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Magnetic Separation Method for Isolating Rare-Earth Elements and Zirconium from Molten Salts

The paper to which I'll briefly refer is this one, published by Russian scientists in an English edition: Alekseeva, L.S., Savinykh, D.O., Orlova, A.I. et al. Magnetic Separation Method for Isolating Rare-Earth Elements and Zirconium from Molten Salts. Inorg Mater 56, 583–590 (2020).

Strontium ferrites are magnetic particles that find utility in many electronic storage devices. This paper uses magnetic particles that are also strontium based, particles which apparently have a Curie Point higher than the temperature of molten salts.

From the introduction:

Pyroelectrochemical technology utilizing molten salts, primarily molten alkali chlorides, as solvents is commonly thought to have considerable potential. Pyrochemical processes are characterized by small volumes of waste, its high specific activity, and the near absence of liquid technological high-level waste. This technology has a number of advantages: melts are good solvents, they are stable at high temperatures and under irradiation, and the use of melts allows one to run the process without water, necessary for all living systems. Work with chloride melts, with application in pyroelectrochemical technology, has been and is being carried out in many countries all over the world: in Russia [1–7], the United States, Japan [8], Korea [9], and the United Kingdom [3, 10] (zeolite sorption). The behavior of U, Np, Pu, and Am in LiCl–KCl melts has been the subject of extensive studies [1, 11–25]. The diversity of studies, in particular, in recent years [20–23], indicates that this is a topical issue.

Extraction of actinides (Am and Cm), rare-earth elements (REEs), and zirconium from melts is one of the key issues in this technology, in particular in Russia [5, 6, 24, 25].

Extraction, preconcentration, and consolidation methods under development for subsequent isolation of actinide fission products from the biosphere include precipitation, ion exchange, zone crystallization, and sorption.

In this work, we propose using a magnetic field for extracting components dissolved in a LiCl–KCl melt.

Actinide- and rare-earth-containing strontium hexaferrite with the magnetoplumbite structure and zirconium-containing spinel ferrites are of interest as magnetic carriers capable of absorbing melt components to be extracted.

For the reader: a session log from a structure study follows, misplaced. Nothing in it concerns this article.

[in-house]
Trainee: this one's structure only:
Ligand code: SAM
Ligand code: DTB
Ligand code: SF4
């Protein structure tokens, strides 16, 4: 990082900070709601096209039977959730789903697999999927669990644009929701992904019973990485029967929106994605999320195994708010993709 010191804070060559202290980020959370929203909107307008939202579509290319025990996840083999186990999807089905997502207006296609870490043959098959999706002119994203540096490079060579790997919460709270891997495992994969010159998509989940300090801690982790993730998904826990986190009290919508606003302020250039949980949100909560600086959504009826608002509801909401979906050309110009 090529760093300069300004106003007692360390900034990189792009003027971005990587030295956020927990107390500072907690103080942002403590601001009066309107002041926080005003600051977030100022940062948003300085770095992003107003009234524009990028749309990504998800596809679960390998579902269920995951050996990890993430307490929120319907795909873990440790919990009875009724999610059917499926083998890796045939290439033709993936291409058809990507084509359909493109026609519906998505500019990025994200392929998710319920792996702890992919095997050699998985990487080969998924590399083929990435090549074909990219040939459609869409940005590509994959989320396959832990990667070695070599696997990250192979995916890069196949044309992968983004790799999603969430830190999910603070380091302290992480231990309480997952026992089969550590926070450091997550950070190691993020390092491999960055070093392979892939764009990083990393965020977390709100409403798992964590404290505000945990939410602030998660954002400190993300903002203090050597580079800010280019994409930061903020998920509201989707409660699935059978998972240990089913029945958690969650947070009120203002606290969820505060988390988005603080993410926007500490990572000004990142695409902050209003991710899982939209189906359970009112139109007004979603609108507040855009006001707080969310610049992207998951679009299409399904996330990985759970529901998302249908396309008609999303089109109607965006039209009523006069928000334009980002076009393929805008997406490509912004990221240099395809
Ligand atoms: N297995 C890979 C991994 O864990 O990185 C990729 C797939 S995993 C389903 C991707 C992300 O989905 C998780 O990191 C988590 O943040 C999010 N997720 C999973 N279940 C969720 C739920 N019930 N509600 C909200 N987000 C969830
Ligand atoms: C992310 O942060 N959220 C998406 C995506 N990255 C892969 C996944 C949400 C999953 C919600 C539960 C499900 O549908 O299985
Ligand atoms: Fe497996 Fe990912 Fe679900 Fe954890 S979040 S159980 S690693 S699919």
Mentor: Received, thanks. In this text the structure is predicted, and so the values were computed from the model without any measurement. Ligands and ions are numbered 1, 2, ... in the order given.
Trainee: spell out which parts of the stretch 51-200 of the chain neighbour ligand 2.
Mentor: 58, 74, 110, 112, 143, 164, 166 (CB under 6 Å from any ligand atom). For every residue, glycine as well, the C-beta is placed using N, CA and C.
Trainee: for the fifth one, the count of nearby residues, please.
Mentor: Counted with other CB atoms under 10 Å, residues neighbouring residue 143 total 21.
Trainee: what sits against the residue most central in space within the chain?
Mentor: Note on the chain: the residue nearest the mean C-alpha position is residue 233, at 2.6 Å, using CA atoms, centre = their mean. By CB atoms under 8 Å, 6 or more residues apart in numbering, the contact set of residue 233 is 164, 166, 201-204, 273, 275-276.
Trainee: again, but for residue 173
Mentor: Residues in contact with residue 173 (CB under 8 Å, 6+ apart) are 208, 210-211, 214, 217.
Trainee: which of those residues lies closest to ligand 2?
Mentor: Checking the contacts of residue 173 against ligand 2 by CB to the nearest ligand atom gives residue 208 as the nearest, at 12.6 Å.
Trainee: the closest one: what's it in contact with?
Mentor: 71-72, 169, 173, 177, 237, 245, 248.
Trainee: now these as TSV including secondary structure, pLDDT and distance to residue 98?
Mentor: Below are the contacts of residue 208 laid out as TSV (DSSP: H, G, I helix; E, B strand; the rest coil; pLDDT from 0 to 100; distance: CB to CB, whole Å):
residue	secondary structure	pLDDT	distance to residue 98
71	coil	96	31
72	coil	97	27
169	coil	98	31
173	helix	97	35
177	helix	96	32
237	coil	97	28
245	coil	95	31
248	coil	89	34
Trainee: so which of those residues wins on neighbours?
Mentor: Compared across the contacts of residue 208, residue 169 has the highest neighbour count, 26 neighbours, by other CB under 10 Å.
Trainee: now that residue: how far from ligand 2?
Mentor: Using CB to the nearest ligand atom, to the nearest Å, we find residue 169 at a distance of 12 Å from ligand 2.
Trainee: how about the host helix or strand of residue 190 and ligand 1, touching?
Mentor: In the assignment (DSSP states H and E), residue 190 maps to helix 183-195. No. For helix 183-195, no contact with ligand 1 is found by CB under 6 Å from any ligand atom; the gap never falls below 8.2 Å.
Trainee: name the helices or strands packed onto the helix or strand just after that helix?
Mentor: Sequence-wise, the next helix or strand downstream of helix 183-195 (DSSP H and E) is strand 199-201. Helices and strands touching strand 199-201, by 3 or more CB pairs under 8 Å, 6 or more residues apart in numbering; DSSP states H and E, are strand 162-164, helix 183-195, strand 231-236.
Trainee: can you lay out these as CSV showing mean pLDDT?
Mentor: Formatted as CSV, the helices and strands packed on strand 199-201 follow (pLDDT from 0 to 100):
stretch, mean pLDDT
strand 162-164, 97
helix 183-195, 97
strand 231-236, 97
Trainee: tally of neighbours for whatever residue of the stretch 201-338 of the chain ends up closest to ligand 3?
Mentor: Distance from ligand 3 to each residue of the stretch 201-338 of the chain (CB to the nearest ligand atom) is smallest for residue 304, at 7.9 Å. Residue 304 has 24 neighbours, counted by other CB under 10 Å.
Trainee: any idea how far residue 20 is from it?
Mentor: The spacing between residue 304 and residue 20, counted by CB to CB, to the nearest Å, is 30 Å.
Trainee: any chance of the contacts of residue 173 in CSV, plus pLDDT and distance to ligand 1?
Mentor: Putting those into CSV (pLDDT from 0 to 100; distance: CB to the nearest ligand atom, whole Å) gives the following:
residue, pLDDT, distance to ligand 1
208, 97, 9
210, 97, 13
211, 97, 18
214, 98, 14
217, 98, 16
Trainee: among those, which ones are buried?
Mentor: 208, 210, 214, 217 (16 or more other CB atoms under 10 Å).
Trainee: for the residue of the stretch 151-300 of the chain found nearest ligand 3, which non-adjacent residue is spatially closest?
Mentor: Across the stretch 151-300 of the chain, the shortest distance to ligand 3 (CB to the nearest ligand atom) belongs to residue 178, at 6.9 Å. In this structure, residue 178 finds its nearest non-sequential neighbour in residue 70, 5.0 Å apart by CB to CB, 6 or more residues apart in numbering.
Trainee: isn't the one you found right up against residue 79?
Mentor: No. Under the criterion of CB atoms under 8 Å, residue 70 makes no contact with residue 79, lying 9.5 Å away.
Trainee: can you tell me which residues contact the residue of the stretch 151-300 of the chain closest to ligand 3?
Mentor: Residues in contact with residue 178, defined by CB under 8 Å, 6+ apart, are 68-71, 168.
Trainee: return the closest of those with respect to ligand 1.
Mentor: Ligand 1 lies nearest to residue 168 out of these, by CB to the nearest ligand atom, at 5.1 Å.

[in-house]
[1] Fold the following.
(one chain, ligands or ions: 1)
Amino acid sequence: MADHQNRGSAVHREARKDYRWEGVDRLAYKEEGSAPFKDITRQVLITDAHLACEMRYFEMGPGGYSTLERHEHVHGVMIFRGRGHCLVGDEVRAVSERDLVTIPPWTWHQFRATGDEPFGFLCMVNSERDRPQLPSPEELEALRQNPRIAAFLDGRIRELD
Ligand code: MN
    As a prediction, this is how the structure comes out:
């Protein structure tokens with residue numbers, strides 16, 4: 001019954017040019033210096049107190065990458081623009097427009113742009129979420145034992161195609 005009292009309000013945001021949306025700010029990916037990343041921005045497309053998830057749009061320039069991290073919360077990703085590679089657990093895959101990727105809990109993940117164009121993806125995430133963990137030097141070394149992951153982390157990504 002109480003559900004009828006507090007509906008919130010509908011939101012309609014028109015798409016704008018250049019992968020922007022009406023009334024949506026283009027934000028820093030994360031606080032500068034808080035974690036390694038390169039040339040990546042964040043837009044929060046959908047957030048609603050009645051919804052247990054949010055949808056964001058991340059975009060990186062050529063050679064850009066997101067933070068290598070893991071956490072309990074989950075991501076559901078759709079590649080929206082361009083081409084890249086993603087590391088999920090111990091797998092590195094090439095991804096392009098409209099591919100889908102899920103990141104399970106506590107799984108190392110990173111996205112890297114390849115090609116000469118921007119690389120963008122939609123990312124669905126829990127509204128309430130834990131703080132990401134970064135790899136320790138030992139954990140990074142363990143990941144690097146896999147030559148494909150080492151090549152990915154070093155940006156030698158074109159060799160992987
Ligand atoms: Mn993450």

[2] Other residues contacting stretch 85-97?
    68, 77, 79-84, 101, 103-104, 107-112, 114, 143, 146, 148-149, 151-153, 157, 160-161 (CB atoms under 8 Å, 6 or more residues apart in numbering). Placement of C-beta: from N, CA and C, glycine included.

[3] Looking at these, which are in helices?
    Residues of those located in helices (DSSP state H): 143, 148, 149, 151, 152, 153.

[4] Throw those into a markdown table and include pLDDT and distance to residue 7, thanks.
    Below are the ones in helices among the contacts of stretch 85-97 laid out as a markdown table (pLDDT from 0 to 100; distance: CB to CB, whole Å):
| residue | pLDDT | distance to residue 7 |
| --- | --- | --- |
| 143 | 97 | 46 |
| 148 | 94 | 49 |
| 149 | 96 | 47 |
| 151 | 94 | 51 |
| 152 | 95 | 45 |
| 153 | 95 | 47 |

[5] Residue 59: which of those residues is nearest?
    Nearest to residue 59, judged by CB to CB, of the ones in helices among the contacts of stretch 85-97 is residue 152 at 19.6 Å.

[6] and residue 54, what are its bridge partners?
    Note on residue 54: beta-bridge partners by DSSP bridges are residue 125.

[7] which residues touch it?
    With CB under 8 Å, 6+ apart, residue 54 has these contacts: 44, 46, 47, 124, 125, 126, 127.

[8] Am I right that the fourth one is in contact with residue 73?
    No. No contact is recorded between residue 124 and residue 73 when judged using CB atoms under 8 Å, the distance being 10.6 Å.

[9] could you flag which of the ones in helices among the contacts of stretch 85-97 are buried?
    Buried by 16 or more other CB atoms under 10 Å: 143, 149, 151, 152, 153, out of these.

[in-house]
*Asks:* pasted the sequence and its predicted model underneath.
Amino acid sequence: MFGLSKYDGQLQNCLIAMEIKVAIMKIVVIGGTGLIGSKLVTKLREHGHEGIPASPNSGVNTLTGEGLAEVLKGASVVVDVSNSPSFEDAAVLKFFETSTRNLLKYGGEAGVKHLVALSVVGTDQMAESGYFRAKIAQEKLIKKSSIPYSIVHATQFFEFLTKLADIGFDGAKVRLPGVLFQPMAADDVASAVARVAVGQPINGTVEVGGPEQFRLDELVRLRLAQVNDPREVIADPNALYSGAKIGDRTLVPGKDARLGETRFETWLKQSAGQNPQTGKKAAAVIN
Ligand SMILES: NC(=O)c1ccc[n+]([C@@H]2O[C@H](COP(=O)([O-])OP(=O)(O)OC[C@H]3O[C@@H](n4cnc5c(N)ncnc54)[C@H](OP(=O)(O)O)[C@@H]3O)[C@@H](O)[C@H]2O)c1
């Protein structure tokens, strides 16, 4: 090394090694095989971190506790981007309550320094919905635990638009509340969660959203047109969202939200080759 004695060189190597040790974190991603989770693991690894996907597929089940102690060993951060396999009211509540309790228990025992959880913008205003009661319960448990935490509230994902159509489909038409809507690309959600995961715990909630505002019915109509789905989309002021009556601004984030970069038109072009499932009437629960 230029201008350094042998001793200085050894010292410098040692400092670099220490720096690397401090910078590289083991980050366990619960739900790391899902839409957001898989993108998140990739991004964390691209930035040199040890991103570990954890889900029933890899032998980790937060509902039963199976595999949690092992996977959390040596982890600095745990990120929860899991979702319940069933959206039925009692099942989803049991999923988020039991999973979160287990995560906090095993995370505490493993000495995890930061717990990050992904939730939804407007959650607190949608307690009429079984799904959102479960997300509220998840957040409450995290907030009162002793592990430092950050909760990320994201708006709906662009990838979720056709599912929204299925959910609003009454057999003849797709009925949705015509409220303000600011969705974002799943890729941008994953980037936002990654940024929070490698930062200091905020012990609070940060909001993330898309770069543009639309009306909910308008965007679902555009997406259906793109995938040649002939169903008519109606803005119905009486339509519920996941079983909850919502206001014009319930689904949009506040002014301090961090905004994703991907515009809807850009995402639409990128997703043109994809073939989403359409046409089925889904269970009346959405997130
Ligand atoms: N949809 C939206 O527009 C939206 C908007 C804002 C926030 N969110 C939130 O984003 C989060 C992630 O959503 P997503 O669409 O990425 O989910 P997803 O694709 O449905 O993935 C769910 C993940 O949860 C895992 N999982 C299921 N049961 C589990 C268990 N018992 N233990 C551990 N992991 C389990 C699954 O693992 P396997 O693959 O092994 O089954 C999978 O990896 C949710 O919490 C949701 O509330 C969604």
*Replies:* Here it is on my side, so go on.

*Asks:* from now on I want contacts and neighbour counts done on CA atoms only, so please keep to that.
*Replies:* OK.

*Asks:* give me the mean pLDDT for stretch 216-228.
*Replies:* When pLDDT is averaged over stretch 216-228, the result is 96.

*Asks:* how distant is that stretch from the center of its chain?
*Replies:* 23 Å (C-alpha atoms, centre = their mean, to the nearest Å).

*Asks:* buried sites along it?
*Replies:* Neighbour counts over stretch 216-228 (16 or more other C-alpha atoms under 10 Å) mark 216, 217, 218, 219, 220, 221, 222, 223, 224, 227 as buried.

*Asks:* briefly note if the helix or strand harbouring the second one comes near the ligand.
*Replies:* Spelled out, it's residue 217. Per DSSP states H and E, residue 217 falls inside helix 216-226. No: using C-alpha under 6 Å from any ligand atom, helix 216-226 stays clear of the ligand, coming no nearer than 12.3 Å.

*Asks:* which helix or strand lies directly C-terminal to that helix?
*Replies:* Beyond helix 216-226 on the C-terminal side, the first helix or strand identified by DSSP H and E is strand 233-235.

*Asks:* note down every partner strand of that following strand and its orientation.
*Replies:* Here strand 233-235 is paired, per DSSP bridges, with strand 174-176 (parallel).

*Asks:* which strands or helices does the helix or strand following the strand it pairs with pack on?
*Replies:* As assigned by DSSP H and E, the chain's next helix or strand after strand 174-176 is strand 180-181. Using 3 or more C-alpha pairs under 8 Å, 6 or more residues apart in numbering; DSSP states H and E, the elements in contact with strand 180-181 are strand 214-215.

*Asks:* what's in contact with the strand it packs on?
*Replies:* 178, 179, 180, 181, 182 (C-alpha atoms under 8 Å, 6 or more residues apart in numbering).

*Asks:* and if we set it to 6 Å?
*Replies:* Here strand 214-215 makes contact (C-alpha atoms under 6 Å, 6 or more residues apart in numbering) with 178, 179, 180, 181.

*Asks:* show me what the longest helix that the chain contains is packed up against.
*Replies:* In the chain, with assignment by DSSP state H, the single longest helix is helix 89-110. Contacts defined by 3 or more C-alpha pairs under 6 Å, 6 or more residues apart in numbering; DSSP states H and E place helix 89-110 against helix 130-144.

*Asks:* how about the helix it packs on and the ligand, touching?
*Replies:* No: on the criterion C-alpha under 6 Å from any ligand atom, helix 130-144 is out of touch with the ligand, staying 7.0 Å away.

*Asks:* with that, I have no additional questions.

The authors synthesized spinel magnetic ferrite particles isomorphous with a magnetic mineral containing lead, magnetoplumbite. They noted that many of the compounds in this class of isomorphs can incorporate lanthanide elements (aka "rare earths."

However their spinel structure was a compound, again isomorphous, of strontium, copper, iron and oxygen.

They heated a molten salt composed of potassium and lithium chloride at 450C and were able to extract neodymium and zirconium.

It was hardly quantitative according to a table in the paper:

There are lots of people who are molten salt reactor kind of guys and gals; I used to be one myself, but I changed my mind. However, in recent years I have begun to rethink molten salts in all kinds of chemical separations processes, and redox processes, including but not limited to separation and recovery of valuable materials in used nuclear fuels. (It should be noted that there are an infinite number of molten salts, given the existence and wide study of "ionic liquids" some of which are partially or wholly organic molecules.

I'm not sure this work has much practical import, although one can imagine these things in certain kinds of molecular filters, but any magnetic material with a curie point high enough to be stable in a molten alkali metal salt is interesting. For the record, I do not favor the use of potassium salts in nuclear fuel settings since the separation from cesium is problematic. Rubidium, which is present mostly in a form (Rb-87) that occurs naturally all over the planet as a fission product is a better choice.

I trust you're having a nice Saturday.

I would say there's a especially wonderful "Greatest Threads" list today.

At a small country church

The doc is right

Calling my son a big fat chicken worked!

posted on jill biden's twitter yesterday (and i love this picture!)

"Let them stand up in the well of the floor, put on some Depends, let their feet bleed or whatever"

I found them uplifting: family, courage, honesty, strength...

I added a rec to each.

Thermoelectric Power Generation and Water Stress in India: A Spatial and Temporal Analysis

The paper I'll discuss in this brief post is this one: Thermoelectric Power Generation and Water Stress in India: A Spatial and Temporal Analysis (Chao Zhang, Joonseok Yang, Johannes Urpelainen, Puneet Chitkara, Jiayi Zhang, and Jiao Wang Environmental Science & Technology 2021 55 (8), 4314-4323).

The connection between water and energy, particularly in an electrified world is inexorable.

It is worth noting (or confessing?) that the form of electrical energy (and other) energy that I regard as sustainable and environmentally acceptable, nuclear energy, is the worst offender for the use of water for power generation, at least as presently practiced. I am convinced that this problem can be engineered away, but it has not, as of now, been engineered away.

The paper under discussion is an overview of the water situation in India, a developing nation now undergoing a terrible Covid tragedy for which all decent human beings must extend sympathy and where possible aid. This said, the long term, environmental tragedy of India may make Covid pale in the end. For this reason, this paper, a policy paper, is worth some consideration.

From the introduction: